Again, if you have stellar credit, your number, or your rate may go down. If your credit is less than stellar, that number may go up a little bit more. If you're putting a substantial amount down, that number may go down. If you're putting the minimum down, say, 3 or 3.5% in an FHA or mass housing loan, then that number may go up just a tad.
Let's use a number of let's say four and an eighth today just to see where we are, 4.125. We're going to stick with a 30-year fixed. PMI is primary mortgage insurance. Again, when you speak to your mortgage broker, if you're on a Federal Housing Administration loan or an FHA loan, you will have PMI and your mortgage broker would be able to tell you exactly what that is.
If you are purchasing a condo, most likely on your MLS listing or where you're pulling the information from, you will be able to pull the condo fee. You can plug that number in as well. If it's a single family home or a multi-family home, it probably will not have a condo fee.
The taxes are usually listed right on your listing sheet as well. For this example, let's plug in $25,000. Insurance is not typically listed. Rule of thumb. Again, this is not a hard and fast number, but just to give you a general idea. In Massachusetts, I usually use a number of about a half a percent.
In this case, let's say we're purchasing a half a percent of the home value. In this case, it's 300,000, we're purchasing at 300,000. One percent would be 3,000. I'm going to say a half of that is 1,500 bucks for my home insurance. I'm going to take all these number, $300,000 purchase price minus my 5% down, which means I'm financing 285 over 30 years at four and an eighth. I'm going to pay taxes per year of $25,000, a little over $200 a month. I'm going to pay insurance of $1,500, or a little over a hundred dollars a month.
I calculate my payment. You're going to have a principal and interest payment of 1381. If you escrow in. What that means, if you pay all your taxes and insurances with your mortgage payment, which is most common, you're going to have taxes and insurance for a total payment of 1714.59.
If you bought a house for 300,000 and put 5% down over 30 years at this particular interest rate with these taxes and these insurance, this is what your total mortgage payment would be. This is an excellent way for you to play around with it. If you say, "You know what? I can afford up to about $2,000 on my own. I feel comfortable paying of about $200,000 on my own." You can now adjust this and go 325, would put me up at about 1835. 375 may put you just over $2,000. Maybe 360 is somewhere where you really want to be.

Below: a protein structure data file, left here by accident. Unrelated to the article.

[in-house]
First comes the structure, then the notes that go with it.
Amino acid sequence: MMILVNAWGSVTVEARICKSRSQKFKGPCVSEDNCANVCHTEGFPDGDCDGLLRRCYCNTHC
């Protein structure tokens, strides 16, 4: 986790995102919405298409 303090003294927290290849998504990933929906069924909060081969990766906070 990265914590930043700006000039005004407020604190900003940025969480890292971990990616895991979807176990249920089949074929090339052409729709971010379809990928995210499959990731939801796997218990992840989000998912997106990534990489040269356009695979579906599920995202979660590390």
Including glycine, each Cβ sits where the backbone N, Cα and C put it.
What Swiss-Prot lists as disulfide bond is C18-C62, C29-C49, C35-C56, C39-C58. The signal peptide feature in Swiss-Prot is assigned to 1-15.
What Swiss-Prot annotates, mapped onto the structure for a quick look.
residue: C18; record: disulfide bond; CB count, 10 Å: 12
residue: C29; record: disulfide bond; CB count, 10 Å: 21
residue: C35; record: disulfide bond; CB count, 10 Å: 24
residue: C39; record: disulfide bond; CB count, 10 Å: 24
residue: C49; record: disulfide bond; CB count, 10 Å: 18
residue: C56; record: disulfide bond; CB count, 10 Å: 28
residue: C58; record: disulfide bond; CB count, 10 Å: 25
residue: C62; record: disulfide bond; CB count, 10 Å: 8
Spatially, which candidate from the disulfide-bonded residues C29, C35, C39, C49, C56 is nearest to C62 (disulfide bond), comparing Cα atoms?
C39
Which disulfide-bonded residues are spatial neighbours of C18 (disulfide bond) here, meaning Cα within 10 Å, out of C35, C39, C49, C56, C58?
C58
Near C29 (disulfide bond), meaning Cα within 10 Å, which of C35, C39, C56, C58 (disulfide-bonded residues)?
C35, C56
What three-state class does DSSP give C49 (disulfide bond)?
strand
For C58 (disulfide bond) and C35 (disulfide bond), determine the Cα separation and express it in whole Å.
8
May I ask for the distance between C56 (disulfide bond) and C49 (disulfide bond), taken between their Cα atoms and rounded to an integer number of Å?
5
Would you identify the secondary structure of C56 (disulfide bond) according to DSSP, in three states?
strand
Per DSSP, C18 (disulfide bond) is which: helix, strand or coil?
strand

Maybe you're looking at homes in the 375 range with the idea of possibly negotiating your way down to a 360 mortgage payment hoping to land a total payment of no more than $2,000 a month where you're comfortable.
Hopefully this was helpful. Again, you could access this calculator one of two ways. You could go to mandrellco.com, scroll all the way down the bottom of the page and capture the mortgage calculator, or click on the mortgage calculator. In the description of this video, there is also a link to this calculator as well. Hopefully this was helpful. Talk to you soon.
Thanks for watching our video. Did you find this information useful? If so, please remember to like the video and also subscribe to our channel for more useful information.
I would also encourage you to share this video with your friends and family. Thanks again and we'll talk to you soon.
How do I sell a home if it needs significant repair? If by significant you mean you have foundation issues, there's water damage, the roof is bad, you have bad tenants, it would be a bad situation. In that case what you're looking for is you don't want your typical realtor, you don't want your typical buyer. Typical realtor, typical buyer is probably going to present you with a sign in the yard, open house, a lot of people doing showings, coming through your property. That's probably not what you want. It's probably not a safe environment, it's probably not an environment that you want to have a realtor coming in and taking photos of and posting them all online.
What you are looking for in your situation if it's a home with significant repair needed is a renovation specialist. You're looking for someone to come in who understands how to buy homes that need repair, that have their own money, that doesn't need a bank appraisal. These renovation specialists are also not going to do home inspections. They can close quickly if that's what you're looking to do. They are professionals at renovating homes that need a lot of work. At the Mandrell Company, we have a long list of these professionals, professionals that we're working with and contacting on a regular basis.
If you are in need to sell a home or if you are in possession of a home that needs significant repair, you are looking to sell, we would love to connect you with these professionals. They are looking to create a win/win situation. They want to make sure that everyone involved, as well as the Mandrell Company, we want to make sure everyone involved comes out on the other end satisfied, happy with the solution that was achieved. These renovations specialists can make you an offer on your property within 48 hours. The offer would be cash. Again, they can close quickly if that's what you need.